PRDM9 is my favourite gene. Why? Because it is the strongest driver of speciation identified to date. Thanks to the activity of PRDM9 (and probably some other similar genes we haven’t recognised yet), we live in a world full of awesome metazoans such as hedgehogs, dragonflies, narwhals and axylotils. The gene was tricky to find and it’s function is still not completely understood. Here, I will explain the story of it’s discovery, what we think it does, and why that’s awesome.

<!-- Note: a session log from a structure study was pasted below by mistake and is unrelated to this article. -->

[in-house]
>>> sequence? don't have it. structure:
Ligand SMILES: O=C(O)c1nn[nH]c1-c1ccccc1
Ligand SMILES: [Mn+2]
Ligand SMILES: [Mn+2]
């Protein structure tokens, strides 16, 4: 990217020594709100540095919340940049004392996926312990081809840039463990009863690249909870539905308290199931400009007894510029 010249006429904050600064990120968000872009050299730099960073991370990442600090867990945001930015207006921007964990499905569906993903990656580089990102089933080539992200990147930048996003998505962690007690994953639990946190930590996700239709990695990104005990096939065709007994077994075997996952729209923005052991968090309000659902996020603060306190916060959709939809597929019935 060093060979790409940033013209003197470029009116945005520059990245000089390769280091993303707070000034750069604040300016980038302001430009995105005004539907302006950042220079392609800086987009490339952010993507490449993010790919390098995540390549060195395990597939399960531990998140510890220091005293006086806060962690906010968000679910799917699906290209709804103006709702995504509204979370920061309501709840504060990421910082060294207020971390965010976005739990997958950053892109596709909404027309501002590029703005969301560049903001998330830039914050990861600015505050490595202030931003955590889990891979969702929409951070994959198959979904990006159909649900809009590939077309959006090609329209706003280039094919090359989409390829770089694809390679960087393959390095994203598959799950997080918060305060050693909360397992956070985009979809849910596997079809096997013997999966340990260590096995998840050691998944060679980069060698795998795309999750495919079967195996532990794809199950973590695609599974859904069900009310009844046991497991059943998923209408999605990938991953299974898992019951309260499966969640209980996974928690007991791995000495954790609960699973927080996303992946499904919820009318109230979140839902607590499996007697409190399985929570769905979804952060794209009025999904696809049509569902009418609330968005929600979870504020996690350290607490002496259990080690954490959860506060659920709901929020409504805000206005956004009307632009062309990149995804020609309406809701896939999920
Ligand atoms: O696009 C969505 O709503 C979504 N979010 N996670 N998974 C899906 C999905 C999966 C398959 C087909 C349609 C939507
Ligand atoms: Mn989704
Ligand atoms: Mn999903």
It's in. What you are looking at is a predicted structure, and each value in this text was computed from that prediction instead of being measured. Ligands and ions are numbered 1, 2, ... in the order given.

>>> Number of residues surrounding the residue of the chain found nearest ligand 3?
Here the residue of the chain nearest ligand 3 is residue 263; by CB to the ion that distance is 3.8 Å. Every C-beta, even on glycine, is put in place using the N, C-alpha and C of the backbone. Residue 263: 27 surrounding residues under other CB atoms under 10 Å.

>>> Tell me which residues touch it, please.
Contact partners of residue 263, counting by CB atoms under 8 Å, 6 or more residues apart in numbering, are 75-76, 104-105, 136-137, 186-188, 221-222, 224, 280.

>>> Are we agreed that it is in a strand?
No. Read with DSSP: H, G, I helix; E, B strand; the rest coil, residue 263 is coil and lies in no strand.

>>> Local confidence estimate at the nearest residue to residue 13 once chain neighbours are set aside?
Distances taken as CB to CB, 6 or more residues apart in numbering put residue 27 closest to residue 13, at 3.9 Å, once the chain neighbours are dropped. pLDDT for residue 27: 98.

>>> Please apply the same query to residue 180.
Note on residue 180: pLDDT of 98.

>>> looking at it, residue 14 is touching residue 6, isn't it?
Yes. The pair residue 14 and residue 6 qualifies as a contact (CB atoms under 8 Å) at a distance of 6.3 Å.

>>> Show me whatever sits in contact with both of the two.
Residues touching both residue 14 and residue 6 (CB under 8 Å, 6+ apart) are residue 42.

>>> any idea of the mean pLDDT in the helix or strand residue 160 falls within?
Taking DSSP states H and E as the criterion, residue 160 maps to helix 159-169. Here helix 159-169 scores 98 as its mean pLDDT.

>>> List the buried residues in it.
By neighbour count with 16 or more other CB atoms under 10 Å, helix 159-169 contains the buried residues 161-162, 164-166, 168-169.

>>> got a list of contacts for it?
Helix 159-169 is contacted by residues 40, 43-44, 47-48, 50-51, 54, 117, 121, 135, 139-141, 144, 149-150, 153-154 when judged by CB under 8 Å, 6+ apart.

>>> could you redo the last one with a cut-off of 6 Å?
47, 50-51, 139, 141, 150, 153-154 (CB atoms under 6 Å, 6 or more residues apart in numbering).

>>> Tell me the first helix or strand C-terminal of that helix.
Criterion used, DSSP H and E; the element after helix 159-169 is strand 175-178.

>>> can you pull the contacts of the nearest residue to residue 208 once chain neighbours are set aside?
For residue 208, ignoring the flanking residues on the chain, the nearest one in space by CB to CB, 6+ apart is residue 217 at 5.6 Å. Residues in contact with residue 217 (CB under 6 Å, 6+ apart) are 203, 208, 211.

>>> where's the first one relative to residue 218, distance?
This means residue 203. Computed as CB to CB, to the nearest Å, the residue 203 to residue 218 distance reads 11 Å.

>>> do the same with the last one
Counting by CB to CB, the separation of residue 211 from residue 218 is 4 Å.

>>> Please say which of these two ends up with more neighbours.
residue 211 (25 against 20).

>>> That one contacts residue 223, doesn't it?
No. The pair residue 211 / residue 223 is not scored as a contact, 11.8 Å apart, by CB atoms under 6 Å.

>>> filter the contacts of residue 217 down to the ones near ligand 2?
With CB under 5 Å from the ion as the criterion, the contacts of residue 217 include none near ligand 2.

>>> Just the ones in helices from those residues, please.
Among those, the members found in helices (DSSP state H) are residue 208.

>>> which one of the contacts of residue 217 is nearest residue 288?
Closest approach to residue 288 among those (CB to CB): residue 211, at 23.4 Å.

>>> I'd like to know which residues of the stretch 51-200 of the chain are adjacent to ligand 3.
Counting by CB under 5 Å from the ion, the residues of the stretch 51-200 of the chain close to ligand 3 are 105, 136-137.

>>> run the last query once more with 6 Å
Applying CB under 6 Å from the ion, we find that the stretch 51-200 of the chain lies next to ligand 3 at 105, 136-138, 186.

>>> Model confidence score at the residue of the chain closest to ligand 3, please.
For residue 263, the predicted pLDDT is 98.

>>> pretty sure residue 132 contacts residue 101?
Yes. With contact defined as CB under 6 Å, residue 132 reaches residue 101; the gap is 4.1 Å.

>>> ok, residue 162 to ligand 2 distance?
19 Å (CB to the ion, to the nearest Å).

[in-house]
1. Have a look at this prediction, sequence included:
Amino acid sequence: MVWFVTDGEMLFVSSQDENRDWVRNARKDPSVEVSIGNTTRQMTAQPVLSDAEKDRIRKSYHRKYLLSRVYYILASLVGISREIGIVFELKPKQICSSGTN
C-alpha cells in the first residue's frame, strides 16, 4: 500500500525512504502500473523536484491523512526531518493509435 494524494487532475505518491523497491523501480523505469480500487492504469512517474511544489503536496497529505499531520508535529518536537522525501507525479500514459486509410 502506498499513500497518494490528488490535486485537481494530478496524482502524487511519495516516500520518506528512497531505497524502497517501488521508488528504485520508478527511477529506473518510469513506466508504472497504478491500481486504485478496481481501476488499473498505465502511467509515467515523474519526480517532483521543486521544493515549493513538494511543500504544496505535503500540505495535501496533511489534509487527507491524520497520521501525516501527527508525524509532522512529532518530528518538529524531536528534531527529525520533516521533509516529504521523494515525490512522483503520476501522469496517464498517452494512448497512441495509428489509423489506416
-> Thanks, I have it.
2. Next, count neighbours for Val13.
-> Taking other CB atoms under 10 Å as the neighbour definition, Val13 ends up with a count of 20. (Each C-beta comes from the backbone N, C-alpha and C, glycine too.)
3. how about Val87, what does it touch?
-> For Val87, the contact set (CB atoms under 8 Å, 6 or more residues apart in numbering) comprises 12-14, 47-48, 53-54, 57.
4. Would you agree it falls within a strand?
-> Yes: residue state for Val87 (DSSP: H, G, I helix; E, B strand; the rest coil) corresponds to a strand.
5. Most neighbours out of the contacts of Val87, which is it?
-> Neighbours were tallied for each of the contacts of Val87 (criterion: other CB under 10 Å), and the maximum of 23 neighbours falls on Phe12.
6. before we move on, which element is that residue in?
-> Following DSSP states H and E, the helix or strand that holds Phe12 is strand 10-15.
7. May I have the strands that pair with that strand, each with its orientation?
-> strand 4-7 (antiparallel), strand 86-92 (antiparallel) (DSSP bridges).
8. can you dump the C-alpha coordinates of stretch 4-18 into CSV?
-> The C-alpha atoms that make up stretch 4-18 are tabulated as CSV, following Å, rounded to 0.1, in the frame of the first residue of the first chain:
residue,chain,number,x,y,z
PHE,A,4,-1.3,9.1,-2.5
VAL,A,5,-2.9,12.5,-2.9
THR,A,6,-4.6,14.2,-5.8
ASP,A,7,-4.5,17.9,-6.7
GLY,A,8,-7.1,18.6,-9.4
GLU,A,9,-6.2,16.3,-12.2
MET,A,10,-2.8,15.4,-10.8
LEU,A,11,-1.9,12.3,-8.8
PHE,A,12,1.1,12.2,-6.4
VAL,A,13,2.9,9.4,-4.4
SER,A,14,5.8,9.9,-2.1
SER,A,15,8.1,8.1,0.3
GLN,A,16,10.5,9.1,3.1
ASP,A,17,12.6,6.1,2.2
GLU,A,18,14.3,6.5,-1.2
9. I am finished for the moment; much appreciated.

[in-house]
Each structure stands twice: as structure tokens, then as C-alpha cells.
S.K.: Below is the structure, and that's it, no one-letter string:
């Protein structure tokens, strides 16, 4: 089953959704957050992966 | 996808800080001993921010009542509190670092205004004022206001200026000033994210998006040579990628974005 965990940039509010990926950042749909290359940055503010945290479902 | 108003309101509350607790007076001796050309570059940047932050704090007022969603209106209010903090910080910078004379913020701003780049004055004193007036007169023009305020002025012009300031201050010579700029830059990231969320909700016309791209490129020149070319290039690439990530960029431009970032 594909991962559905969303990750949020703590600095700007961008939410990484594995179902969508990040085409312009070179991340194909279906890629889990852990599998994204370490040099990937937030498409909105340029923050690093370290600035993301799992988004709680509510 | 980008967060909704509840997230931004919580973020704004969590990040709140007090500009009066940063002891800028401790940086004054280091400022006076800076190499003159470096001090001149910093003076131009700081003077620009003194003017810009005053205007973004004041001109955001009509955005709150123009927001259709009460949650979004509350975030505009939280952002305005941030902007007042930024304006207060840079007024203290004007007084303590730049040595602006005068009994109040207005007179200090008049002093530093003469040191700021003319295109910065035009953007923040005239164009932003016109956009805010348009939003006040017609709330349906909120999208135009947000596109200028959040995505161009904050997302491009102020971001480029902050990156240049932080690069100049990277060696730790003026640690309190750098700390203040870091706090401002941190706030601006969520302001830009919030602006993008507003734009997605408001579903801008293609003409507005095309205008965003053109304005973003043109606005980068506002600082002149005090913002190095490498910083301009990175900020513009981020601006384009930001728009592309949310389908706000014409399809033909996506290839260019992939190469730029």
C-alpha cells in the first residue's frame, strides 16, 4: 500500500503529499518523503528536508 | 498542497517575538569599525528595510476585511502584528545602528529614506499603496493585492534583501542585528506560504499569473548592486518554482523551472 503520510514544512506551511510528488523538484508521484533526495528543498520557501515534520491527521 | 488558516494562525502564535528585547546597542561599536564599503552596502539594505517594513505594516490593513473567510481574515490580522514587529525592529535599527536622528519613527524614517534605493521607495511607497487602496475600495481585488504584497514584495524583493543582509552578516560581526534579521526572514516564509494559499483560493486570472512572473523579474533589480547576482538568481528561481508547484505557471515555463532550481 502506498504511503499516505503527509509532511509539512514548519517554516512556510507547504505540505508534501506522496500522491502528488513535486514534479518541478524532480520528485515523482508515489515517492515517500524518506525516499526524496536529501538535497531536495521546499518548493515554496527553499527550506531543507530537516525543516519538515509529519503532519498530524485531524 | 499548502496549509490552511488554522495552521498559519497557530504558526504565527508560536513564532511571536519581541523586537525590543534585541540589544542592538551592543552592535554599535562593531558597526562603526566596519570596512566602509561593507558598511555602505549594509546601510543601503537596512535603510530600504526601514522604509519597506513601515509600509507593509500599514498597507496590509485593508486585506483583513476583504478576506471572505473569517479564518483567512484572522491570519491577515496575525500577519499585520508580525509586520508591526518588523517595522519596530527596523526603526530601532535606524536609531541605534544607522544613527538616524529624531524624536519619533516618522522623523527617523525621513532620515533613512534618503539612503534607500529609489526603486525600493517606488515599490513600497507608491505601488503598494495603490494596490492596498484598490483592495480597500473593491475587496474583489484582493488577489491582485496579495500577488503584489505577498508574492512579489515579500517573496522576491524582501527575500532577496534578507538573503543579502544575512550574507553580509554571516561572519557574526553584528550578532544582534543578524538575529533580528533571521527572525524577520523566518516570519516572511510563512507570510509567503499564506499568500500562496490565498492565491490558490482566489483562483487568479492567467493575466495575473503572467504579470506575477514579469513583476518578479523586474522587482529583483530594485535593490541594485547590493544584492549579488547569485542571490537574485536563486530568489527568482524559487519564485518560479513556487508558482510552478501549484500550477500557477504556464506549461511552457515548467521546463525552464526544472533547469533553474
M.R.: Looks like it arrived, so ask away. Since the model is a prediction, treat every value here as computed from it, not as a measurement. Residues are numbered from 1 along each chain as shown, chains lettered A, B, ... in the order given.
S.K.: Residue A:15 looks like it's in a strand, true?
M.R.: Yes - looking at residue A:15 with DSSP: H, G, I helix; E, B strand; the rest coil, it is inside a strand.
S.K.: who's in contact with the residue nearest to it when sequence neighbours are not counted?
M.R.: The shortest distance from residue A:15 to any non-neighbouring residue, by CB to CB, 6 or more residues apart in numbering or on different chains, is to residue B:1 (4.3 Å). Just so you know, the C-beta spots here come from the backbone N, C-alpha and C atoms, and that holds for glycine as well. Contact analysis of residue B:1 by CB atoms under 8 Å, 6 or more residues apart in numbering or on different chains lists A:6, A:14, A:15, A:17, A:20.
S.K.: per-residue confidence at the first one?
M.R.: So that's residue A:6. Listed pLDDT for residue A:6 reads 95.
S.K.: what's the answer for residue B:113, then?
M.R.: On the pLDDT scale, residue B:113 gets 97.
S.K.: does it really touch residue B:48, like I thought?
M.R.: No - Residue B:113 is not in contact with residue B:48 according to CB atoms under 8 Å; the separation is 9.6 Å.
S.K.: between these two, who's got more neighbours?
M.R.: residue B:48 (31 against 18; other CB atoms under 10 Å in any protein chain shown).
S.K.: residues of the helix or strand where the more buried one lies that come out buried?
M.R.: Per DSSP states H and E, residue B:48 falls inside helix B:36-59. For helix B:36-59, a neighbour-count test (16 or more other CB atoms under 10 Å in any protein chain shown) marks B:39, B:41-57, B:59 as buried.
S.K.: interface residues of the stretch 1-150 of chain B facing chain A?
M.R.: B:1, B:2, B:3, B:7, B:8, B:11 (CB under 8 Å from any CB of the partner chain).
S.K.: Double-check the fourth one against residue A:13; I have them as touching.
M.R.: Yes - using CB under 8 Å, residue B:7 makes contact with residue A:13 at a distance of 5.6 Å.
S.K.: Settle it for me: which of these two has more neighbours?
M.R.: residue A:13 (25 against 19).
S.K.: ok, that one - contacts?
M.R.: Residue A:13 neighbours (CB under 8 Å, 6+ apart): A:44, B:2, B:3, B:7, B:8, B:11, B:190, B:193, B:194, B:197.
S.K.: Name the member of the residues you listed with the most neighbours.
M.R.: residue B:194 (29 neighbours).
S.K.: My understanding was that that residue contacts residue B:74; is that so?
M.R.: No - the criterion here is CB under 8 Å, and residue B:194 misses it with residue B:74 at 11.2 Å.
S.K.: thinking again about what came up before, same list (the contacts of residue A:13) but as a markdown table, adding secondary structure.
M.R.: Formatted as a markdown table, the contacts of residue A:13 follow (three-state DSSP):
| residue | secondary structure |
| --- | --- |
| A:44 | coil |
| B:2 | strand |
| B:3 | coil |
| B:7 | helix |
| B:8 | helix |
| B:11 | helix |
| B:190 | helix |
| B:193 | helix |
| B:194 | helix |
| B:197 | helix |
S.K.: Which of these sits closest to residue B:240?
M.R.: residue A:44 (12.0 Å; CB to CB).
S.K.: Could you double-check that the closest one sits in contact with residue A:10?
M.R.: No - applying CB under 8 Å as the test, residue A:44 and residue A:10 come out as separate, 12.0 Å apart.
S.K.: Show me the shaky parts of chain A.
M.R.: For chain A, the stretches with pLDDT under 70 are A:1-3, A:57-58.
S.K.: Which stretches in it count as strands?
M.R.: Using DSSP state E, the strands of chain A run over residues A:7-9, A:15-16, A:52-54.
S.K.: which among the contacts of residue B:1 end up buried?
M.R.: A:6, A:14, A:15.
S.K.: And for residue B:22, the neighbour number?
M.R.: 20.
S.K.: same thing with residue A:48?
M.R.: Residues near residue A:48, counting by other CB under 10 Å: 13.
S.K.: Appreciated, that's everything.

PRDM9 was only identified quite recently by scientists trying to understand the process of genetic recombination. [Recap paragraph!]: In my last post I spoke at length about how chromosomes can swap pieces of DNA with one another during cell division. I mostly talked about ‘non-homologous recombination’, where two chromosomes swap non-matching pieces of DNA with one another, one chromosome often completely losing vital genes and it’s counterpart gaining extras. Non-homologous recombination often causes disease, so why haven’t we evolved out of it? The reason is that homologous recombination – where two chromosomes swap like-for-like stretches of DNA – is an integral part of evolution, as it allows species to ‘shuffle’ different variations of genes and see which combinations work best together. The question is, what controls recombination? How does it happen?